And these are averages, but how much more can you already work when you're already averaging 70 hours per week? If you put in 80 hours one week, that means you can get away with "only" 60 hours another week. There's no way to get so far ahead that you have under-40-hour "down" weeks and still keep that average, unless there are also weeks where you worked over 100 hours to offset them.

Think about that for a minute. 70+ hours per week, every week. That's a 12-hour workday every day Monday-Friday and 10 hours left over for the weekend. I've worked real jobs that had long hours, and they suck. The longer you work the more mentally fatigued you get. After continuous 12-hour days you'll barely have enough energy to get yourself home and into bed.

The same list also adds up reported salary+bonus for midlevel associates, and converts it to a realistic $/hr figure. At WLRK, you're making $71.69/hr. But you can make nearly that much on a per-hour basis without killing yourself. At Debevoise, #132 on their list, people worked 57.6 hours to bill 47.5 hours on average, and did so at an effective $68.92/hr. Now, that's only a couple dollars an hour short of what you get for your time at WLRK, and your hours will on average be much more survivable. You could have the same weekday schedule, 12-hour days, but your weekends would be free. Or you could work the same 10 hours per weekend and need less than 10 hours per workday to do the rest. Either way, you're much less likely to burn out because you're working a less unreasonable number of hours.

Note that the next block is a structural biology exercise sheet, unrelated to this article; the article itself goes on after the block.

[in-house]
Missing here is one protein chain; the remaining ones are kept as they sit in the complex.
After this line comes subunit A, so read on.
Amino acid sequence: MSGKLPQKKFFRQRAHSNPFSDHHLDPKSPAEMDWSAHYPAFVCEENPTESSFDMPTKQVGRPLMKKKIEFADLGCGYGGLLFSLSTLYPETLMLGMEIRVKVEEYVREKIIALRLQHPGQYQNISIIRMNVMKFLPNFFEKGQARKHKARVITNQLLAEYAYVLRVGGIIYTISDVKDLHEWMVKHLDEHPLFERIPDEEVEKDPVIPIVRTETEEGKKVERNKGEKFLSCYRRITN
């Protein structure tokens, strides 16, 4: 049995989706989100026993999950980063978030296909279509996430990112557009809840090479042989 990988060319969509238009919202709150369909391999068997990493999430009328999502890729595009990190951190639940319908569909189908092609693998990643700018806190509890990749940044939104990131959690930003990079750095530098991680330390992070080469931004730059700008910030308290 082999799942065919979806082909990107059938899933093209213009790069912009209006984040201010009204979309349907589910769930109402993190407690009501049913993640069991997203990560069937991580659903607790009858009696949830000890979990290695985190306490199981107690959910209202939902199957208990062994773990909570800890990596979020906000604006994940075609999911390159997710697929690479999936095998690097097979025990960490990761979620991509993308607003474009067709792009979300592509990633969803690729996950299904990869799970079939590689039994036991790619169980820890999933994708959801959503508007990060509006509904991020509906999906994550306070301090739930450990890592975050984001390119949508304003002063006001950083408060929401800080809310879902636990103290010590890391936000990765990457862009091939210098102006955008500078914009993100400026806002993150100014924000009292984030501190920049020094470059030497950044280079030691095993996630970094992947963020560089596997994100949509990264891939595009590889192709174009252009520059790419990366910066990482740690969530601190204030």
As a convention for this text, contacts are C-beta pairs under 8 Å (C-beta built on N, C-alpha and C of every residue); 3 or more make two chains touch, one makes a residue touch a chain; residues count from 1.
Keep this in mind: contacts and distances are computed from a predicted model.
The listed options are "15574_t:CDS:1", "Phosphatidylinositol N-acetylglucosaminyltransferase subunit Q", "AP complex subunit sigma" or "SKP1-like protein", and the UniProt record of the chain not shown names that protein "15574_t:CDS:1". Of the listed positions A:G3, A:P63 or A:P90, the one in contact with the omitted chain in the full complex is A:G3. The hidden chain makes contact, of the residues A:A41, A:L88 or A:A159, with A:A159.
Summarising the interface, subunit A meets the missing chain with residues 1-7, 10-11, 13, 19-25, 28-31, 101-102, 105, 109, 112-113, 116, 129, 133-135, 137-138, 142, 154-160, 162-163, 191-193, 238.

And you're still getting paid almost as richly for each hour you're putting in. You're just not having to put in quite so many.